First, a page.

University of Nevada, Las Vegas
The 14C light and dark bottle technique for measurement of primary production was utilized as a means of assessing the amount of inorganic carbon being converted Into organic form by the photosynthesis of phytoplankton populations In the Boulder Basin of Lake Mead.
Spatial and time series changes of productivity levels observed at eight sampling locations within Boulder Basin Indicate that the Influence of treated municipal arts' industrial effluent flowing into Les Vegas Bay is contributing high levels of available nutrients at Las Vegas Wash Inlet to cause productivity to approximate those levels associated with polluted waters.
Productivity levels at the Inlet to Las Vegas Bay showed a rapid increase from July to September, attaining levels associated with artificially eutrophic lakes and a rapid decrease to mesotrophic levels Into the winter months. Unlike the outlying stations, the photosynthetic depth curves at Station 2, Las Vegas Wash Inlet, during the peak production periods indicated maximum production occurring at the one meter depth of the euphotic column. Inhibition of photosynthesis at the surface together with the shading effect by the dense phytoplankton layer near the surface resulted in greater than 70 to 80% of total primary productivity occurring near the surface within the euphotic column.
The photosynthetic variability with depth showed a more gradual decline at outlying stations where the Influence of nutrient enriched waters appeared negligible within the euphotic column. Peak production levels were noted at around the 5 meter depth. No drastic shading effects by phytoplankton were noted at the outlying stations.
The compensation depth below the trophogenic zone, the depth at which there remains one percent of the light Incident at the water surface, ranged from 2 to 8 meters at Station 2 and from 4 to 15 meters at other stations. Greater light penetration correlated with periods of low production and the presence of dense phytoplankton or turbidity layers resulted in measurable decreases In light transmittance with depth.
Total alkalinity showed decreases in value when there were corresponding Increases In primary productivity rates. Under these conditions, pH values increased.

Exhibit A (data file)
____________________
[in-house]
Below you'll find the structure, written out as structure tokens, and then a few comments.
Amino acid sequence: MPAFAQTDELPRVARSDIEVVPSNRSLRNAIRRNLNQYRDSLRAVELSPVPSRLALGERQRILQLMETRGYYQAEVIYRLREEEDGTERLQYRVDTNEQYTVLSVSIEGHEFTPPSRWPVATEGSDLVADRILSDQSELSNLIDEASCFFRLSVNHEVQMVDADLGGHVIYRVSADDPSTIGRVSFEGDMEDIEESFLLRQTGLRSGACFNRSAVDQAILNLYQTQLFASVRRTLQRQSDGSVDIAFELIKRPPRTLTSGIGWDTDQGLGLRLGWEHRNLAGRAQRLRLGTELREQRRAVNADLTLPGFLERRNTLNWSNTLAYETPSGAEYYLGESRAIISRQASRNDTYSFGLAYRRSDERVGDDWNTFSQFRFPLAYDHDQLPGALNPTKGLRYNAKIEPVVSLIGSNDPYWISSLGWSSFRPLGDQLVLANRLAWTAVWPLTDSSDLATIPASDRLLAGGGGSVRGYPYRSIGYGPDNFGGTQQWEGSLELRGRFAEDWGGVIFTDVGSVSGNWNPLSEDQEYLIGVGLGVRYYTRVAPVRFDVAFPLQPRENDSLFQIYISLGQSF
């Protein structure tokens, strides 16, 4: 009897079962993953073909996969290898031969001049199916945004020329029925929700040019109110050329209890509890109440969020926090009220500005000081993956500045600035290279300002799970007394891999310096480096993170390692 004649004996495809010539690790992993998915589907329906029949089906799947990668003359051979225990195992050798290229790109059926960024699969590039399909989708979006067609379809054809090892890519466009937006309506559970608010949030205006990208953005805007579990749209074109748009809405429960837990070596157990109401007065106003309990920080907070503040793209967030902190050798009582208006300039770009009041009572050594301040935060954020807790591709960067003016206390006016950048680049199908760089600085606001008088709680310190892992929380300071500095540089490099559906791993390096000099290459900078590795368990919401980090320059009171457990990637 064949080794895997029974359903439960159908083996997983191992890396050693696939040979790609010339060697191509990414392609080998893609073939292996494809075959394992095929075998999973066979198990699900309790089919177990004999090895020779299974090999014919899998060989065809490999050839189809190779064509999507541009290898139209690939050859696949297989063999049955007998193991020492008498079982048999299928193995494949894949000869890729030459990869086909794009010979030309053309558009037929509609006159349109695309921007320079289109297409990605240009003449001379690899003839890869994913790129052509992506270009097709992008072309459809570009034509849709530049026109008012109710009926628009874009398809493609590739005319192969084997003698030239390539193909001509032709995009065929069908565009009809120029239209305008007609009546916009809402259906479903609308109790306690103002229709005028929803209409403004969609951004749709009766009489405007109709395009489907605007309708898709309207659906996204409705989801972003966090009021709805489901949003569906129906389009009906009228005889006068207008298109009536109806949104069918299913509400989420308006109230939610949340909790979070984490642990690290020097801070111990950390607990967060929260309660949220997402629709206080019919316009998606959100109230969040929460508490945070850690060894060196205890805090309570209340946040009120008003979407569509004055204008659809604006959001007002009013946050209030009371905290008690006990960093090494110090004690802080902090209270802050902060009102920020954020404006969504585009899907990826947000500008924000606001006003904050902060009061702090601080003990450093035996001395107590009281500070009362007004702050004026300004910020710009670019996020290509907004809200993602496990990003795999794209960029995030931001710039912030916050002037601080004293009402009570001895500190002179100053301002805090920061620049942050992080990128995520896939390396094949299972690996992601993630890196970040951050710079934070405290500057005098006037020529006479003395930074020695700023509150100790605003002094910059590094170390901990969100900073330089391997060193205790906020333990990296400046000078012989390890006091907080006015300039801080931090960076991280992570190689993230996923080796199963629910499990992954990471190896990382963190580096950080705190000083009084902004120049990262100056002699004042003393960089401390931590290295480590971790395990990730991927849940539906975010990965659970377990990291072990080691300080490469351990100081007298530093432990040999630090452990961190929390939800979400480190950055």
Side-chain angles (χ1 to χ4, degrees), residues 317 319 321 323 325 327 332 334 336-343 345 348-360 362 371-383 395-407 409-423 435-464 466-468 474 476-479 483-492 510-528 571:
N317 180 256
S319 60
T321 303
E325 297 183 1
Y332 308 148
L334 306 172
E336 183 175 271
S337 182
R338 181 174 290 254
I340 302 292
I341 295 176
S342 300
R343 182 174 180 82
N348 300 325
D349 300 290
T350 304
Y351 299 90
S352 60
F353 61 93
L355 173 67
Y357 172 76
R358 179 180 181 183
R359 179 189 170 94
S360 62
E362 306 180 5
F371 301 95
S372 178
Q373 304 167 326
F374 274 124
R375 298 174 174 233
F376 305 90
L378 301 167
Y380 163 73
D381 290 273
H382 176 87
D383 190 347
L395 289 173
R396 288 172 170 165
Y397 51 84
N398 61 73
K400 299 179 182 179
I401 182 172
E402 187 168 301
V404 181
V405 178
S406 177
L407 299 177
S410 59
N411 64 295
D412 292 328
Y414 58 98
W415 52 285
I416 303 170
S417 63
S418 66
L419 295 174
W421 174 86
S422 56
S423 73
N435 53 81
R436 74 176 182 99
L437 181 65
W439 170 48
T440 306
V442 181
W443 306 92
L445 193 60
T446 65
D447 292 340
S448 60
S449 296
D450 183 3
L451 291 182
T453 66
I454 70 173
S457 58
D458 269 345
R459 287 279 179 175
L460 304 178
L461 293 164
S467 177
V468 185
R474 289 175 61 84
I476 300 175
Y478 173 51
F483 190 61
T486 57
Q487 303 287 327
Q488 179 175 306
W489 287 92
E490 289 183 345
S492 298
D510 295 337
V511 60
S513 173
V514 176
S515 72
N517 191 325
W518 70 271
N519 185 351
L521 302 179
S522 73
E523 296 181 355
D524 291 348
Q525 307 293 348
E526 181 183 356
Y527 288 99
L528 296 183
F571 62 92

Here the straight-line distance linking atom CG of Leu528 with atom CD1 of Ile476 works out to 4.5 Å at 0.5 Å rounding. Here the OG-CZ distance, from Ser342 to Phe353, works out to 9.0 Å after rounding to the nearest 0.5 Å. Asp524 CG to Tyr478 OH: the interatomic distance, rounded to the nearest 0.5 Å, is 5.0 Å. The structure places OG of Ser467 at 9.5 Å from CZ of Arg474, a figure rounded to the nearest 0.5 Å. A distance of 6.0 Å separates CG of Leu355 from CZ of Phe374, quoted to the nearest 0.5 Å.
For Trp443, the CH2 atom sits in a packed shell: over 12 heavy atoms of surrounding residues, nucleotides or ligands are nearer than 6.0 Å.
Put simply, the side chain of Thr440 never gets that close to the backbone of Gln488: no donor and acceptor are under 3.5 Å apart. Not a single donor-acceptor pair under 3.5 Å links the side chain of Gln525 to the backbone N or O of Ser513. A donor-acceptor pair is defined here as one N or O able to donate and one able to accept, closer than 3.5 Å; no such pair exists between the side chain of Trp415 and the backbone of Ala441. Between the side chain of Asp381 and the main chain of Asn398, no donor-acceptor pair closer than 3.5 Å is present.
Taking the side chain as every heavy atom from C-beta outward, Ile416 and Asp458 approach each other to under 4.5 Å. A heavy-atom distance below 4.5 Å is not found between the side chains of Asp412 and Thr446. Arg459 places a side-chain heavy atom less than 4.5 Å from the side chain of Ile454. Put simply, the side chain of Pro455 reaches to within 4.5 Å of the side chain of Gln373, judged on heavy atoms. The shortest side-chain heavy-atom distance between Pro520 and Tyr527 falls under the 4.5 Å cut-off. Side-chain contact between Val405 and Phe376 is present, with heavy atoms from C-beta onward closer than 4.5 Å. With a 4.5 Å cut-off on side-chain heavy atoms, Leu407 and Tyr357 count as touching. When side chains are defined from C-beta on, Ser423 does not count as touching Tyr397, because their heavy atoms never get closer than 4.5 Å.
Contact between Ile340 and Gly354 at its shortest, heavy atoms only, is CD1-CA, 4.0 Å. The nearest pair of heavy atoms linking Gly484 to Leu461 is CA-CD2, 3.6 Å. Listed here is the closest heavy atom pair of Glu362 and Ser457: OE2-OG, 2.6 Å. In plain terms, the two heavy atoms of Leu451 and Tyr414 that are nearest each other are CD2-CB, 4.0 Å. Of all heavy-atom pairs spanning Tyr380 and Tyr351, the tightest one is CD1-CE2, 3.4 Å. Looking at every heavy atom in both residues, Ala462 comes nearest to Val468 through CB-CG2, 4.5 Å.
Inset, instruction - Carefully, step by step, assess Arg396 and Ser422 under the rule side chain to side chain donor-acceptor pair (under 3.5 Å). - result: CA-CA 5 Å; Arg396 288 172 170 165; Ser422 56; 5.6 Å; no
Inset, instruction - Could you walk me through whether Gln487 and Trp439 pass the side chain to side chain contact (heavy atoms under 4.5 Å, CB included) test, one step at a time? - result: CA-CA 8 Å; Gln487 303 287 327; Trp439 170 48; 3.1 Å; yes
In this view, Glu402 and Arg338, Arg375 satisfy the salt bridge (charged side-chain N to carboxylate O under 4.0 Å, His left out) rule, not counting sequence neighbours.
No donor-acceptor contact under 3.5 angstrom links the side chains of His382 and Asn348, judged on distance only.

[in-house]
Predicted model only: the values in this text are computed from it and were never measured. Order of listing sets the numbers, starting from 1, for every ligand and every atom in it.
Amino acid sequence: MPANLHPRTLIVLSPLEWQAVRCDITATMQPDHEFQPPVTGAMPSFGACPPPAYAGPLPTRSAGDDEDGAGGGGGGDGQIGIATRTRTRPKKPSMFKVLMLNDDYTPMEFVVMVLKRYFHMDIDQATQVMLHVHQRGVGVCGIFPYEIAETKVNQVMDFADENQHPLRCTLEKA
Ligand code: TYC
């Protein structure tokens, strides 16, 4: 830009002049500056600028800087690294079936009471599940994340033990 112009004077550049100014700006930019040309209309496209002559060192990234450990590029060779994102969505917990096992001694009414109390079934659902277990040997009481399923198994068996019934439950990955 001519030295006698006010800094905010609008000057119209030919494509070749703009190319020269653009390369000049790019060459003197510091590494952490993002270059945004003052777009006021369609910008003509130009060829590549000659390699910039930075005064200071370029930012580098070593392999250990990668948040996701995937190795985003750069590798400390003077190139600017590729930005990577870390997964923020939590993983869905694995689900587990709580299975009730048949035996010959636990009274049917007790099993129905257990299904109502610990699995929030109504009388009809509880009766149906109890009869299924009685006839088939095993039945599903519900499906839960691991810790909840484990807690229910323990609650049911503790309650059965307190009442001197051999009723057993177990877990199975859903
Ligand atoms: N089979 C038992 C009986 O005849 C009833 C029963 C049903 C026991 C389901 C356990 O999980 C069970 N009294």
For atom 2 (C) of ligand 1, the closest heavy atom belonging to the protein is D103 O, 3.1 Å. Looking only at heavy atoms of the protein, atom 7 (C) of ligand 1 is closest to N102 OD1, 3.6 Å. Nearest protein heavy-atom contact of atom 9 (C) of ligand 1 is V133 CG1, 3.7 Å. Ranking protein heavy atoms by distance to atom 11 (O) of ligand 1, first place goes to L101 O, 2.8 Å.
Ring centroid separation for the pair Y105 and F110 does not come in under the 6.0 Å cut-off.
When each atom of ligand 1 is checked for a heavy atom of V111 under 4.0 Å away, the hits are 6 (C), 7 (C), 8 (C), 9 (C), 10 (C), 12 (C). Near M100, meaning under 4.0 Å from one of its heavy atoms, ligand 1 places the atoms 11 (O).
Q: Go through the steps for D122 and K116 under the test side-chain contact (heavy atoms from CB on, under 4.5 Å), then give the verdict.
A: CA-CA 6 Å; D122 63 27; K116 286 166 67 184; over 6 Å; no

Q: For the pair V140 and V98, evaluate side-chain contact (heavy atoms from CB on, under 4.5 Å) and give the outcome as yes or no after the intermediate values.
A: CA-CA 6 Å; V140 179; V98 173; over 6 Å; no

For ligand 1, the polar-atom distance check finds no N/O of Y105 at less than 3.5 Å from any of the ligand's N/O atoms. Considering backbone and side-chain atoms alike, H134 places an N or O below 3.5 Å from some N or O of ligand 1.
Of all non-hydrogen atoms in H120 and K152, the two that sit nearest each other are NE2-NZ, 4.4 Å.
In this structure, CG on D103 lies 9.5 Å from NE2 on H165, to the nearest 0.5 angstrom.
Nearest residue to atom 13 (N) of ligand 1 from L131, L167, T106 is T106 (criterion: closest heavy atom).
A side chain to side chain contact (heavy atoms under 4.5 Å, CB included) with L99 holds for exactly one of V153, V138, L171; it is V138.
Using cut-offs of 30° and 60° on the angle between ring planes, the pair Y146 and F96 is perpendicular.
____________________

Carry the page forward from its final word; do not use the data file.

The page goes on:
Physico-chemical parameters which were measured at each sampling station within the euphotic column Indicate that the waters of Boulder Basin, Lake Mead, are characterized by high specific conductance of 950 to 110 umho/cm and as high as 2400 umho/cm at the bottom where the effluent stream enters Las Vegas Bay. Alkalinity values ranged from 67 to 193 mg/l and as high as 282 mg/l where the effluent stream crosses the North Shore Road. Values for pH ranged from 7.2 to 8.4; all anomalous values greater than 8.4 were checked by titration with phenolphthalein indicator, Dissolved oxygen levels were usually greater than 100% saturation within the euphotic zone at all stations and all seasons. Oxygen depletion at about 10 meters was noted In early June and resulted In a negative heterograde oxygen curve. This depletion correlated with the expected formation of a metalimnetic layer and an associated cold water hypolimnion below the trophogenic zone. Water surface temperatures ranged from a high 29.5°C in mid-summer to a low of 10.5°C In winter.
Phytoplankton cell numbers at the surface were generally low from March to early July. A bloom of Cyciotelia spp. occurred at the inner stations of Las Vegas Bay in mid and late July and into August. Anabaena spp. then succeeded as the dominant phytoplankter at all but the innermost station in Las Vegas Bay. Dominant phytoplankters from mid-July Into October were Cyclotelia spp., Anabaena spp., Carteria spp., Navicula spp. and Chiamydomonas spp., whereas Glenodinium spp. was dominant during the spring when cell numbers were low. Other genera of phytoplankton noted but in lower numbers were Cymbelia, Epithemia, Gymnodinium, Ceratium, Oocystis, Synedra, Scenedesmus, Dinobryon. Cosmarium, Pinnularia and Phacotus. Primary productivity levels from the surface waters of all locations did not correlate well with surface cell numbers.
Numerical counts of zooplankters were not included in this study. Some common zooplankters noted however, were the protozooan, Difflugia spp., and rotifers, Keratella spp. and Asplanchna spp.
Based on seasonal rates of primary productivity, the inner and middle portions of Las Vegas Bay exhibit artificially eutrophic or polluted conditions during peak production periods from July through September and rapidly decrease to mesotrophic levels in late fall and winter.
Stations located in the basin reflect naturally eutrophic conditions during the peak growing period followed by a decrease to oligotrophic levels In the winter months when extinction of the metalimnetic layer occurs.
Alkalinity; Aquatic ecology; Boulder Basin (Ariz. And Nev.); Chlorophyll; Effluent quality; Environmental quality; Lake Mead National Recreation Area (Ariz. and Nev.); Las Vegas Bay (Nev.); Las Vegas Wash (Nev.); Limnology; Plankton; Photosynthesis; Phytoplankton; Water pollution; Zooplankton
Biochemistry | Biology | Desert Ecology | Environmental Health and Protection | Environmental Indicators and Impact Assessment | Environmental Monitoring | Fresh Water Studies | Life Sciences | Natural Resources and Conservation | Natural Resources Management and Policy | Sustainability | Terrestrial and Aquatic Ecology
Seasonal and spatial variation in primary productivity in Boulder Basin, Lake Mead, Clark County, Nevada.
Available at: https://digitalscholarship.unlv.edu/water_pubs/37
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